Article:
A new study claims to show the correlation between mass shootings and how easy it is to buy a gun in that state. This study, oddly enough, is based on a book we sell in our store called the Traveler's Guide to the Firearm Laws of the Fifty States.
That's a great book if you travel, and highly recommended. Do yourself a favor and buy one.
The anti-gun media, of course, has picked this up and ran with it, cherry picking the stats the study shows while avoiding one small bit of information found at the bottom of this biased study:
There are several limitations to our study. Our study design incorporated a time series component, lagged variables, and multiple covariate adjustment strategies, and was primarily able to show broad associations between state gun laws, gun ownership, and mass shootings.
I'd go one step further to point out that much information is left out.
I'm not here to debate the truth of the study, nor do I care about trying to prove the study wrong. They admitted in the study that there were limitations and that's good enough for me. There are some things I wanted to talk about, however, that should be addressed.
For example, while it's never my goal to limit the importance of the lives lost in a mass shooting, there are other numbers that should be used. One of these sets of numbers are the violent crime rates in the states listed on each end of the spectrum.
After all, violent crime is, in my opinion, much more telling than mass shootings are.
Mass shootings, by comparison are rarer than your average shooting or display of a weapon in attempted robbery or other crime.
Here is a screenshot I took of a page showing violent crime rates in the top 20 states — https://www.statista.com/statistics/200445/reported-violent-crime-rate-in-the-us-states/:
I pulled the top 20 in my screenshot just because it was all my screen would allow, since I'm on my small Microsoft Surface writing this article from a school function with my kids. But if you look closely, there are some states on this “most violent states” chart that shouldn't, in anti-gunner theory, be here.
So, what's the point? Well, there are a couple. First, it's really hard to show proof that mass shootings or other violence are more likely to happen in gun-friendly states with inaccurate data.
I can only imagine that those states aren't ranked higher in the flawed study because of extreme bias.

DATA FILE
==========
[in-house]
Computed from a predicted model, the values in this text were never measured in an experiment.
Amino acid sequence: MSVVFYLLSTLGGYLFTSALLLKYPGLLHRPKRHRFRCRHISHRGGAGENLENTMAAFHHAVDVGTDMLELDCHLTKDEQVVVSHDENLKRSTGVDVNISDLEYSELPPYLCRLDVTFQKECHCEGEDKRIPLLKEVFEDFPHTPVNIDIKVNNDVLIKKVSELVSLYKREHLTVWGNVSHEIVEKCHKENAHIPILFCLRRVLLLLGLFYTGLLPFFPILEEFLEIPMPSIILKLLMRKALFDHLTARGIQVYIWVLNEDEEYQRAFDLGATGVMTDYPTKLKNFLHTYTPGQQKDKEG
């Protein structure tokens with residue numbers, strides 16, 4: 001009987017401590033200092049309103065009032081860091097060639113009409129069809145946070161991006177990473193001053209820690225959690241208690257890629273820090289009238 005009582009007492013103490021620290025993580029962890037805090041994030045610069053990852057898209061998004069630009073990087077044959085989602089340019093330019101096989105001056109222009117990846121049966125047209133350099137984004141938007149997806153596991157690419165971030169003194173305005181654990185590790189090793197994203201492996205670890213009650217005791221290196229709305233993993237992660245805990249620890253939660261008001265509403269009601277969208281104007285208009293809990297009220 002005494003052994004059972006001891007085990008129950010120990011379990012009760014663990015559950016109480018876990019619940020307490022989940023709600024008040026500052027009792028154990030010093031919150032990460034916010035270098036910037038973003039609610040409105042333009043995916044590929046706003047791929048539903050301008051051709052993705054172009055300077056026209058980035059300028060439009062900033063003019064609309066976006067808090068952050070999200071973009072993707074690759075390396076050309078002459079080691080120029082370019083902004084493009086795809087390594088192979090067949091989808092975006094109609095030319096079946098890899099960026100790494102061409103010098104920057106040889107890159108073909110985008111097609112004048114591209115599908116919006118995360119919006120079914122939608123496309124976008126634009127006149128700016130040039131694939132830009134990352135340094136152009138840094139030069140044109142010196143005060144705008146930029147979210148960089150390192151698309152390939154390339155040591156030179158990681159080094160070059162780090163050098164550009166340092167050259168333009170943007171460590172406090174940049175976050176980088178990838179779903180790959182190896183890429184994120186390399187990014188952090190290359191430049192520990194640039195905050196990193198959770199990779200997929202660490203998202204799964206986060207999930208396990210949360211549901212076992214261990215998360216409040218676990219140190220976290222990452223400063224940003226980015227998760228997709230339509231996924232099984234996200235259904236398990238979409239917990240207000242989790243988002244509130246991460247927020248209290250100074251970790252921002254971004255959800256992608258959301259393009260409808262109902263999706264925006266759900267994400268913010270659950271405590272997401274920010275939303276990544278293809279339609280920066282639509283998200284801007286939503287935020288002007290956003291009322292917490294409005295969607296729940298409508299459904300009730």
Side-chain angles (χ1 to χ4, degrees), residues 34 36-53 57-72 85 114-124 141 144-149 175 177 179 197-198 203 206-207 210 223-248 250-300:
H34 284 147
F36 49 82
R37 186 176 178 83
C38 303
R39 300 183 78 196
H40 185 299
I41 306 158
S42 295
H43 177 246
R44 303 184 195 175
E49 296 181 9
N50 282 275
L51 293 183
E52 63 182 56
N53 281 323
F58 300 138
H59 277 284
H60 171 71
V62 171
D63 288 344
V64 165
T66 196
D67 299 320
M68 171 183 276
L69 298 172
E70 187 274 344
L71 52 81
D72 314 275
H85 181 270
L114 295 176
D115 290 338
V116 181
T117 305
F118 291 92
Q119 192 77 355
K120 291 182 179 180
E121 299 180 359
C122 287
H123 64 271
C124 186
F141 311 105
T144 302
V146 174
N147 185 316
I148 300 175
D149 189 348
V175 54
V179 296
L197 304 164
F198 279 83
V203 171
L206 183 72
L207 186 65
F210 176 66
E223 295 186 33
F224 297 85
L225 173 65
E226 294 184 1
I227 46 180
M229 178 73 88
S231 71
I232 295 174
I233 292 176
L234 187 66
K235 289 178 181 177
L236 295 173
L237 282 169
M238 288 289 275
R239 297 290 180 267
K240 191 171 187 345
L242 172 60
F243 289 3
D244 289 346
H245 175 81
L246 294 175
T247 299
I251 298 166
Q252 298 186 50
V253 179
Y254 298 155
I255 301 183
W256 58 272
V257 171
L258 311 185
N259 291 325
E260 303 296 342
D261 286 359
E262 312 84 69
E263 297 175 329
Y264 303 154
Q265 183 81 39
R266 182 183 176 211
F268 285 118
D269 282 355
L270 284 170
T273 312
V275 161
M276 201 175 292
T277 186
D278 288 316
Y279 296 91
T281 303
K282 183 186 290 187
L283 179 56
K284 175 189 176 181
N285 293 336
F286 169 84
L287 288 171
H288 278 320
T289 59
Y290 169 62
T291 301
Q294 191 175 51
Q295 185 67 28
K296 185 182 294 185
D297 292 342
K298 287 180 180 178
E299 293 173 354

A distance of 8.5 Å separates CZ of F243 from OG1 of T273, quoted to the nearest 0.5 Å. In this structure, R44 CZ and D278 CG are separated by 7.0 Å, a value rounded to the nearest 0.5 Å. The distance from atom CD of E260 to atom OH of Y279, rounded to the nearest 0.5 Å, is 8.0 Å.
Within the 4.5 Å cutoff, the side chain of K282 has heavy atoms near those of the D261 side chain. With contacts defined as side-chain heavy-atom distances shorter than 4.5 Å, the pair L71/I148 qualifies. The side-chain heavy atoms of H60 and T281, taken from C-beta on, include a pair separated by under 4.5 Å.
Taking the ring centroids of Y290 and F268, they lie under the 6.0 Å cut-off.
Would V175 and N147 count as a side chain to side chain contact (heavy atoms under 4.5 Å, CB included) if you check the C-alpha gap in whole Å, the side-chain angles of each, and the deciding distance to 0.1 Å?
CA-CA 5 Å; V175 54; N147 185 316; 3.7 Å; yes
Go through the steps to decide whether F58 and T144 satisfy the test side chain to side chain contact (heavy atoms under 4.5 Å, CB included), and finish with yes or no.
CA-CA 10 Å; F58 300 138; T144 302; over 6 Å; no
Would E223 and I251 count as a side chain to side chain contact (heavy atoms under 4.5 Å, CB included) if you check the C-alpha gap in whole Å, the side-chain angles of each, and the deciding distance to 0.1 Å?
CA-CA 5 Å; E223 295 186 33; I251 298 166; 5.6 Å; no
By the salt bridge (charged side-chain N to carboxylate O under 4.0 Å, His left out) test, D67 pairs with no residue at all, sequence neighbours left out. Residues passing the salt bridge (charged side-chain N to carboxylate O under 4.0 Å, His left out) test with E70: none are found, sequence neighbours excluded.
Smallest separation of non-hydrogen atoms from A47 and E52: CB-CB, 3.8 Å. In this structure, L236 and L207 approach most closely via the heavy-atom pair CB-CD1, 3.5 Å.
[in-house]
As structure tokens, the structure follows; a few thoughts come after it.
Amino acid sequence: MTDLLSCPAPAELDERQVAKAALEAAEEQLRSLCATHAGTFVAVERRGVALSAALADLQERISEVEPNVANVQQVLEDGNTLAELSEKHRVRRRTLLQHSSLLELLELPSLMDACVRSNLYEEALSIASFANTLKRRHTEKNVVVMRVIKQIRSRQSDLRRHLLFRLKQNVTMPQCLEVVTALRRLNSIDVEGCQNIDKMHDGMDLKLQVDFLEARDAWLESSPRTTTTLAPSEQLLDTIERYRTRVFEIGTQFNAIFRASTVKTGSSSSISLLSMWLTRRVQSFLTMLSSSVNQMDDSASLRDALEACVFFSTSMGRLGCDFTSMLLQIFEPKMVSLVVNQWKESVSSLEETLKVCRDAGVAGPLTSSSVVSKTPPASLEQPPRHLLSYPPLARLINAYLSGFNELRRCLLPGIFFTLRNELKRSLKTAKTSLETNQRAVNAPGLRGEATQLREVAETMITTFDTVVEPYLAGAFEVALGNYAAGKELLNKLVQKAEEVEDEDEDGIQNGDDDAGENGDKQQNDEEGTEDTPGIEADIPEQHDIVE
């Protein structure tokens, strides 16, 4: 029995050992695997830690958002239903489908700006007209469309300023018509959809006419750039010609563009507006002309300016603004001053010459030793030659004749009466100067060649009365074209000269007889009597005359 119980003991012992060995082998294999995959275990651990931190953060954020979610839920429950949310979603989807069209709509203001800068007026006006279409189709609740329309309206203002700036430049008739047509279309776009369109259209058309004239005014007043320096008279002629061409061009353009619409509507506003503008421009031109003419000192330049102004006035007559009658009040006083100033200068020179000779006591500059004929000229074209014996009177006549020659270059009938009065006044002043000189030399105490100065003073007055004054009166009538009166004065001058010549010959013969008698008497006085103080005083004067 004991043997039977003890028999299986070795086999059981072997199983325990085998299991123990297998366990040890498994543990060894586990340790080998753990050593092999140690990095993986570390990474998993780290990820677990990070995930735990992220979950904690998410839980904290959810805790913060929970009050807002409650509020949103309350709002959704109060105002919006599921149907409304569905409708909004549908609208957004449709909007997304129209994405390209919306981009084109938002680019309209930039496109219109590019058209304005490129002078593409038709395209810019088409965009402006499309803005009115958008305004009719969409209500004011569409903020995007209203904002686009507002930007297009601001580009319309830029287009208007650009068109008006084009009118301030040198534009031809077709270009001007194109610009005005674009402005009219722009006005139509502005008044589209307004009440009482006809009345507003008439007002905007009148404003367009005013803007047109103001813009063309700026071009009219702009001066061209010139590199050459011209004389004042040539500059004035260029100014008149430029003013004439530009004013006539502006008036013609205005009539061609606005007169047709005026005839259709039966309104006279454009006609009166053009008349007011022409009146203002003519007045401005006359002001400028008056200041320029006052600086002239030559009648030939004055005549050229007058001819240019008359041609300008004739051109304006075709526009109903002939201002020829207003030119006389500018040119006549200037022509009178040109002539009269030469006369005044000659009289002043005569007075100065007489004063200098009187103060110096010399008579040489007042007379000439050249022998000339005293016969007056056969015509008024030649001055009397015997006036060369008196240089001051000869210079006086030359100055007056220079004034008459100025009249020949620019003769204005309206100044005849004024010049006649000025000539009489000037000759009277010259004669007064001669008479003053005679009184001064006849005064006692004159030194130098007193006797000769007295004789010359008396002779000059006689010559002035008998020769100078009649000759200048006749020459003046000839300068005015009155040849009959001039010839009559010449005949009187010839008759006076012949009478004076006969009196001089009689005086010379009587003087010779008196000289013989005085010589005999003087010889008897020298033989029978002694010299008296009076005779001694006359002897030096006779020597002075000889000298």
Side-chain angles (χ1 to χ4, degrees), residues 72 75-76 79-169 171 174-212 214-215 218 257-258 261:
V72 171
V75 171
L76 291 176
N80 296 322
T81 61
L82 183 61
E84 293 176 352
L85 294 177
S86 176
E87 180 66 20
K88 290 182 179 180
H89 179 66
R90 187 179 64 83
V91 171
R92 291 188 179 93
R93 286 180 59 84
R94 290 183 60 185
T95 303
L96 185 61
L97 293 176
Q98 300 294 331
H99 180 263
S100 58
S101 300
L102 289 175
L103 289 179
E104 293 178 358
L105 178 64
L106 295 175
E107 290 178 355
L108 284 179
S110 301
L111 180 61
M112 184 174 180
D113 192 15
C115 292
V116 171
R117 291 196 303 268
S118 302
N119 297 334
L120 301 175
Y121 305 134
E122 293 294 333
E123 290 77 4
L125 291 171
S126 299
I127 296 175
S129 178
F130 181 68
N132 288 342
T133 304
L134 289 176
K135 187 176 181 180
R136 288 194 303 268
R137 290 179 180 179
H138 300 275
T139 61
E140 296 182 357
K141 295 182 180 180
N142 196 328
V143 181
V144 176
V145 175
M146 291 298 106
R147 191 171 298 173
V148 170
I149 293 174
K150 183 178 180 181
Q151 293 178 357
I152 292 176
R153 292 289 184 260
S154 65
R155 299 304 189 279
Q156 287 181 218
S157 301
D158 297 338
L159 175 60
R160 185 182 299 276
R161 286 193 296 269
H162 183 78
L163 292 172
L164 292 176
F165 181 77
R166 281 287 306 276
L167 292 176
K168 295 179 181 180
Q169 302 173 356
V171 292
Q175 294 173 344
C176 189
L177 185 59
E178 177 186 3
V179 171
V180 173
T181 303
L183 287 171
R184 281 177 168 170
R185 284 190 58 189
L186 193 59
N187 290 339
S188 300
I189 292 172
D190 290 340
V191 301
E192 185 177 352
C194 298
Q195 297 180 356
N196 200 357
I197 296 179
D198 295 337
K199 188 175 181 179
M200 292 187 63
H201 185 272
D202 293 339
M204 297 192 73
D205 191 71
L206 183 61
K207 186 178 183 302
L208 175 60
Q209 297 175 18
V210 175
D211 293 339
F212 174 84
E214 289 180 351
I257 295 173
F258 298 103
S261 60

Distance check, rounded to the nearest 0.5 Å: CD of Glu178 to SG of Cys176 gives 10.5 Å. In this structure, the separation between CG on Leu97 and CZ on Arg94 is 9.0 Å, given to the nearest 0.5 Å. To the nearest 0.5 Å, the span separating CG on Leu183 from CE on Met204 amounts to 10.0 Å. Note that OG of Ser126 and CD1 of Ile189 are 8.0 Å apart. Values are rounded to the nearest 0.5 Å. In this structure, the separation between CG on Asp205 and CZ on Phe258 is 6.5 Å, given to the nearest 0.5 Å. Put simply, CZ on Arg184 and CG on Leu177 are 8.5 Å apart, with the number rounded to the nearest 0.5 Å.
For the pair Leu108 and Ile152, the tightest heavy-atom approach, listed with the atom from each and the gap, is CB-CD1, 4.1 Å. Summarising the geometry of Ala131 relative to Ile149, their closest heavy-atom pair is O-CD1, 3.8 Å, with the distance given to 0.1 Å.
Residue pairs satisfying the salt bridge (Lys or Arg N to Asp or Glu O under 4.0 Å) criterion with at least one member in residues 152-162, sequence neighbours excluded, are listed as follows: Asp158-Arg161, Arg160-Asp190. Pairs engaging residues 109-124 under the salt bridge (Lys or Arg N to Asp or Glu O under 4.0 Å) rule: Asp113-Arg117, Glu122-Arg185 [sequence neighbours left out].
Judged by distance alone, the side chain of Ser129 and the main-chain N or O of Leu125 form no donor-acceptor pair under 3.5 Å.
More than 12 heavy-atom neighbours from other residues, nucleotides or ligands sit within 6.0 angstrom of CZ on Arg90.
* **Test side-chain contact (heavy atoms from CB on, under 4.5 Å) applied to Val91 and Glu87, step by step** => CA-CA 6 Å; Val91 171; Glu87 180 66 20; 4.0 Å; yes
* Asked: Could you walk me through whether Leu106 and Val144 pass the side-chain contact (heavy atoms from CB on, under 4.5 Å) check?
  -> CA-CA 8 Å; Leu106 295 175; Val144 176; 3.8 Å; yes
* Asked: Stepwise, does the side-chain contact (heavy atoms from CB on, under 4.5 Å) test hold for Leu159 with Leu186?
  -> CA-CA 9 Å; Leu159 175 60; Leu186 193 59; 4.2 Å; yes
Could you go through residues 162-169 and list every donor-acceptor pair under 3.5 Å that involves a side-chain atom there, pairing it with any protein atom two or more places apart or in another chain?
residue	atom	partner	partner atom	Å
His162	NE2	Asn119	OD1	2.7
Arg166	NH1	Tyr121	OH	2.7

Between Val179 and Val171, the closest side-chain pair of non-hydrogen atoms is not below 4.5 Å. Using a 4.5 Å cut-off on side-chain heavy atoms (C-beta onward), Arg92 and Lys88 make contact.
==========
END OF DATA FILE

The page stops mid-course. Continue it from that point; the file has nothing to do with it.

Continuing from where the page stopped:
Violence is very well documented, and when studied properly shows a lot.
In the chart above, there are definitely some states on there that shouldn't be if gun control worked. Maryland, DC, California, Delaware, and Illinois would not be listed if the study was true.
In fact, I read one report that said you had a 1 in 13 chance of becoming the victim of a crime in one subsection of Baltimore, MD. This is in despite of the fact that Maryland is one of the strictest states in the Union for gun laws and is listed pretty low on this table from the flawed study:
Another report I just read showed the 30 most murderous cities throughout the country. Gun control role model, NJ, was listed twice in the top 15. California was also listed a couple of times throughout the entire list, as was (not as strict but still pretty bad) Chicago, IL.
As a side note, Chicago is getting better for the second year in a row. That report showed it ranked at 24.
The thing is, all of the states where those cities I just mentioned reside, have gun control measures in place.
In fact, Maryland and California are the poster children for gun control advocates. Why are Compton, CA and Baltimore, MD being ignored? Why doesn't Newark or Orange, NJ make their lists?
Perhaps because it goes against their agenda?
I'm also not blind, as there were also cities in pro-gun states listed on all the reports I read. The difference between my conclusions, is that I'm willing to see that there are murders in these pro-gun states.
I'm willing to admit that they're there and that something needs to be done about it.
But, saying that I should give up my guns in NC because a place called Salisbury, NC was listed at number 9 is asinine.
The point? Murder happens everywhere. Bad people are all over the place. And, you can't really show a correlation between people dying and how lax the gun laws are. Because, if that was the case, NJ, CA, and MD wouldn't have cities listed in the most violent.
Let me know if you agree in the comments below.